Creating an effective summer program for scouting white-tailed deer

Tony PetersonLast week I sat on the edge of a cornfield with my spotting scope trained on a small corner of a lush, green alfalfa field. My original plan had been to glass a secluded beanfield, but upon arrival I saw another hunter parked there. He was in the area hanging stands for the upcoming season so I called an audible and hot-footed it to a backup spot.

Within seconds of getting setup I was swarmed by gnats, which necessitated several doses of a bug dope just to keep them from insanity-inducing levels. As the sun set behind me the first buck stepped into the field. Soon, several does joined him. I alternated between binoculars and spotting scope. The 10×42 binos served as my scanning optics, allowing me to check out anything suspicious. The spotting scope provided the chance to zoom in and count tines, gauge trophy potential, and better yet, investigate which trails the deer used to enter the field.

Too often, summer scouting involves simply watching deer in fields. But to use those sightings to your advantage come season, take note of where the deer enter the fields. Also, take note of the wind direction at the time because wind almost always dictates deer travel to some extent.

When engaged in summertime glassing sessions, take note of the wind direction and trails the deer use to enter fields. This info can be used to plan stand sites for the early season.As the daylight faded further, a large deer entered the field from a different trail than the other 10 or so that were already feeding. This buck carried a rack out to his ears and looked as if he was easily 3.5 years old. I had a few minutes of light to view him through the spotting scope before I had to switch back to the binos. Then it was time to sneak out through the corn so I wouldn’t blow out the field.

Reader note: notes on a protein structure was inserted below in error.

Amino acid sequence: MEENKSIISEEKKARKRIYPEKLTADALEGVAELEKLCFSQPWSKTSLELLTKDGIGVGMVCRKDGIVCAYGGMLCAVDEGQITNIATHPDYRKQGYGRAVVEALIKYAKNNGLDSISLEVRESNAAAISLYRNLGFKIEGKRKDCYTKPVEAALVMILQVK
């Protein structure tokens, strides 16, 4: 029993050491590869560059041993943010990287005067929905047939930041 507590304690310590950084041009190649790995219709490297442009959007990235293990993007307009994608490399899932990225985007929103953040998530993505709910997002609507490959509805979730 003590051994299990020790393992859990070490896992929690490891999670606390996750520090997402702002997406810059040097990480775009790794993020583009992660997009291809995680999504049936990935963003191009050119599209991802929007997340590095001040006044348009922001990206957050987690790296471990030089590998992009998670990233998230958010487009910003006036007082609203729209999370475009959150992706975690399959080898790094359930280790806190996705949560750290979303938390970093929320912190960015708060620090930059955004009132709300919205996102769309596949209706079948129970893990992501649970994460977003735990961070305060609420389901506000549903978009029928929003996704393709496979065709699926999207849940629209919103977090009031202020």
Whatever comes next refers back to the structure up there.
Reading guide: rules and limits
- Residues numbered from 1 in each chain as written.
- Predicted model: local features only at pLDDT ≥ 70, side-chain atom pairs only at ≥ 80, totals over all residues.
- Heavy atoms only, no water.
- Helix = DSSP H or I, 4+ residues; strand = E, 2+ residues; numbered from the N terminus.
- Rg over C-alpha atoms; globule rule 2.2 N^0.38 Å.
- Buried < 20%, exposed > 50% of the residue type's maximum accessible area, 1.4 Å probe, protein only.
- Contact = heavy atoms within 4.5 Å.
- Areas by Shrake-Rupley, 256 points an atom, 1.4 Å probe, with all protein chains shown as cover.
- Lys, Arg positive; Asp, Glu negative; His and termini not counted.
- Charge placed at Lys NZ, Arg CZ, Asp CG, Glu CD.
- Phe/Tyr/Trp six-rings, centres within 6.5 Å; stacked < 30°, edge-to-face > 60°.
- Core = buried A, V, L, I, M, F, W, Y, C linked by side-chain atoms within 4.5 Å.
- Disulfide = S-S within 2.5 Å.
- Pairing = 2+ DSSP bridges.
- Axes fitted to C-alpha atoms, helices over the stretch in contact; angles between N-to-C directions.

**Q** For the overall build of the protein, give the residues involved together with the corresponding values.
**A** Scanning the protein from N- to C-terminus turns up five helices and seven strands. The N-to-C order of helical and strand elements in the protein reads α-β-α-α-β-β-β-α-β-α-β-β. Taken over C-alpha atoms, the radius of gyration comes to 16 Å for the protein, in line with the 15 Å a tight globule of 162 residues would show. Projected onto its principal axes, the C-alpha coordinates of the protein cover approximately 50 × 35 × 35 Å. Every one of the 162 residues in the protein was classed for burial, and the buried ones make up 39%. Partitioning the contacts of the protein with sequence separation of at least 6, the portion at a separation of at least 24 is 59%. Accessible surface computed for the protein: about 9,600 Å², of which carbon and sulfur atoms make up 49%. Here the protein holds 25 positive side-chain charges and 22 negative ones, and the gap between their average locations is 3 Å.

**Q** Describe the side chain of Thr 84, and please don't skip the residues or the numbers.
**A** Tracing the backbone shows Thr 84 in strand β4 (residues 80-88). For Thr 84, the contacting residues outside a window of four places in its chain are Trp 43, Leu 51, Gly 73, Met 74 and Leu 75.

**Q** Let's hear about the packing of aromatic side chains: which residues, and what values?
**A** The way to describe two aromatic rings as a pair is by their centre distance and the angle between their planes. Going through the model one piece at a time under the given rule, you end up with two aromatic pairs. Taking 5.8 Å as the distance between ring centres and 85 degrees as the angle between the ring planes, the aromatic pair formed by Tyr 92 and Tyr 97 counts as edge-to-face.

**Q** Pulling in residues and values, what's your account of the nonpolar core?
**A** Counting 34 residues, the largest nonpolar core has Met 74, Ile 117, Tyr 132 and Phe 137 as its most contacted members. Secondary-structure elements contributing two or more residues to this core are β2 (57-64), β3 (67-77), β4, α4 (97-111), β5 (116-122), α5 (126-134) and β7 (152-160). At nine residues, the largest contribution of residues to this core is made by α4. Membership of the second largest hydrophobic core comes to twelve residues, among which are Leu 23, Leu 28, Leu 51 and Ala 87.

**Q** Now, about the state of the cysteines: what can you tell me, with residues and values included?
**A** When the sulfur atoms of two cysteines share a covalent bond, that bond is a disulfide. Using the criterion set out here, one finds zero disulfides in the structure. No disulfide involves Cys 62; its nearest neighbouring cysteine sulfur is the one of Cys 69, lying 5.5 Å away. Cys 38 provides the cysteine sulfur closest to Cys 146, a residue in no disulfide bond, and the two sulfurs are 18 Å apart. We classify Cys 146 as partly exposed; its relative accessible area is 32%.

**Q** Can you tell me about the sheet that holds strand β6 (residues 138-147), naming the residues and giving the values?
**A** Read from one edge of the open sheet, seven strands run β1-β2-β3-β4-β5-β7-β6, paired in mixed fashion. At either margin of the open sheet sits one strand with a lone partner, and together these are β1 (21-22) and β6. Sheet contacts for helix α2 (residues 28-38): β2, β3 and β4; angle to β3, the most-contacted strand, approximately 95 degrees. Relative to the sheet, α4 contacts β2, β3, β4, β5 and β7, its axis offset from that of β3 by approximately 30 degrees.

When I got back to my truck I knew that I needed to sneak into the area and hang a stand on the field edge, then try to identify a staging area off of the field. By the season opener that buck, along with his buddies, will be hard-antlered and not nearly as likely to enter the field during shooting hours. However, he might spend some time browsing 100 or 150 yards off of the edge while waiting for night to come. With what I had witnessed through my spotting scope, I thought I might have a decent chance of identifying where that spot might be. And I planned to be ready for him, should my hunch play out. 

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